For the month of December, I decided to discuss the Elements of a Great Book. In the last few blogs, I began an in-depth look at the plot, and this blog will conclude the discussion. I’m spending this much time on the plot because as I read my students’ short stories, I often find their work doesn’t have an action that defines the storyline. I see the same thing as a Judge on the Reedsy website.
It used to be rare to find a book in a bookstore or your library lacking a plot. However, more and more people are self-publishing. There are books available that sometimes have weak stories, flawed characters, and improper grammar and punctuation.
Don’t let that be YOUR book.
An essential key to your plot is the antagonist and their role. Remember: an antagonist doesn’t always have to be a person. The role of the antagonist is simply to cause a problem for your protagonist. Your MC struggles to overcome the stumbling blocks put in their way by the antagonist. So – it could be the weather, an idea, or an issue in the world.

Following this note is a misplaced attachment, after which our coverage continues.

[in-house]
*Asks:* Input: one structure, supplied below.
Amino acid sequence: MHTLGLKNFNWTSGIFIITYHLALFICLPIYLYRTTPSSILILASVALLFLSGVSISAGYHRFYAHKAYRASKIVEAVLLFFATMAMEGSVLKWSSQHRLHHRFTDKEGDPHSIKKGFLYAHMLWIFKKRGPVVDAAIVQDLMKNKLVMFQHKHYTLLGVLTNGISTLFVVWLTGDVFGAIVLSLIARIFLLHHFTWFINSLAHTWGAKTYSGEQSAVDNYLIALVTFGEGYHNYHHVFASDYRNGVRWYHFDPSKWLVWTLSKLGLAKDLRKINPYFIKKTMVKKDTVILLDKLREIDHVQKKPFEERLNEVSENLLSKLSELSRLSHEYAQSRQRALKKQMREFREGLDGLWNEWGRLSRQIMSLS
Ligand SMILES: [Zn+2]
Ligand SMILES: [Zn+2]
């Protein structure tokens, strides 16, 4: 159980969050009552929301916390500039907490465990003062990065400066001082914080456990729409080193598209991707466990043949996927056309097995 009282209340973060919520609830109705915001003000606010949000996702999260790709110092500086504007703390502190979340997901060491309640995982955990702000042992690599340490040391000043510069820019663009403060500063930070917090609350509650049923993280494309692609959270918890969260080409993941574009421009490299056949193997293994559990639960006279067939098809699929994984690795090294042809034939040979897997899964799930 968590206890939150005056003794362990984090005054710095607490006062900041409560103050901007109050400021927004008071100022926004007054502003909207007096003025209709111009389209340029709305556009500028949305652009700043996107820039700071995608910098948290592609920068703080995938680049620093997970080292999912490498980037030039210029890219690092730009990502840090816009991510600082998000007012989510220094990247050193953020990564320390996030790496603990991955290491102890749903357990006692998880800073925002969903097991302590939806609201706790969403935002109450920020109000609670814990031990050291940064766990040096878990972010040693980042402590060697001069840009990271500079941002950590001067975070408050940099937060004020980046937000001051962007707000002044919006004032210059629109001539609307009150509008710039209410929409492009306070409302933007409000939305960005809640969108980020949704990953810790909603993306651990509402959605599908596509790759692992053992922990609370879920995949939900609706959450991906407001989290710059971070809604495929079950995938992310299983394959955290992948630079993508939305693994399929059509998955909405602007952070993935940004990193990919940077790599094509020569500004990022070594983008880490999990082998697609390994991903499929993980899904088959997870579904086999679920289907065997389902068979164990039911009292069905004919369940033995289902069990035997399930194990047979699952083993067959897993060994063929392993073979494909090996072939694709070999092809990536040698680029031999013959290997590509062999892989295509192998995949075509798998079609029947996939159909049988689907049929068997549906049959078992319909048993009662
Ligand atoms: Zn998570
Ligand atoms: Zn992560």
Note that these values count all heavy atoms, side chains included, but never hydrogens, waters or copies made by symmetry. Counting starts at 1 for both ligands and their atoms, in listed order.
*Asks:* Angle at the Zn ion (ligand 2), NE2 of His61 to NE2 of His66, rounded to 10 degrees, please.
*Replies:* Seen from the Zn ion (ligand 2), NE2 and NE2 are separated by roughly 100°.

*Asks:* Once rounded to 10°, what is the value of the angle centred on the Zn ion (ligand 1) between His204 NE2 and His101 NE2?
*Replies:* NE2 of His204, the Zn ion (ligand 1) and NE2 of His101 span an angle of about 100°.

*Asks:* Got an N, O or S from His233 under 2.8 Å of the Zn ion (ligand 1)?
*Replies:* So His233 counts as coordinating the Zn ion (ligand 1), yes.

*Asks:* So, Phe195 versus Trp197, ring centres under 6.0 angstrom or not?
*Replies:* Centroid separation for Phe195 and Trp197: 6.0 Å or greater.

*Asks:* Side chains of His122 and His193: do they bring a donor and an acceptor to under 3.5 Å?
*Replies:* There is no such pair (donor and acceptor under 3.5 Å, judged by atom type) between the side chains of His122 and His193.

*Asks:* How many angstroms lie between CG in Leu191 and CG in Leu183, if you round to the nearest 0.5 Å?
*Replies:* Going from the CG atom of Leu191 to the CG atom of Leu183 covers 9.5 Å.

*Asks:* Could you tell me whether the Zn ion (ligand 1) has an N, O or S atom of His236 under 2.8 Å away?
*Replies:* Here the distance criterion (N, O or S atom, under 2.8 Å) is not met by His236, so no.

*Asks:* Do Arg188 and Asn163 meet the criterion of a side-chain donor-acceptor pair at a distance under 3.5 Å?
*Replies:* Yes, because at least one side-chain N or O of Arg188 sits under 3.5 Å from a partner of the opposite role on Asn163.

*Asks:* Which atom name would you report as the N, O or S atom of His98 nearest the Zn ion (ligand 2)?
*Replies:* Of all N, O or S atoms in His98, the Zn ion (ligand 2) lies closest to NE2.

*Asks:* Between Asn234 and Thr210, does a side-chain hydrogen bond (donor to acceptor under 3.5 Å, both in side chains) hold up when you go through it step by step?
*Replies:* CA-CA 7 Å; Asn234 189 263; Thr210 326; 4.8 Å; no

Ultimately, the introduction of your antagonist coincides with the inciting event and opening of the plot.
It is also essential to link the setting of your story to the plot. Using the background to advance the plot and keep the story moving will tie all the significant book elements together.
Next time, we will begin a discussion on the characters in a story. They are another critical element of a great book or story.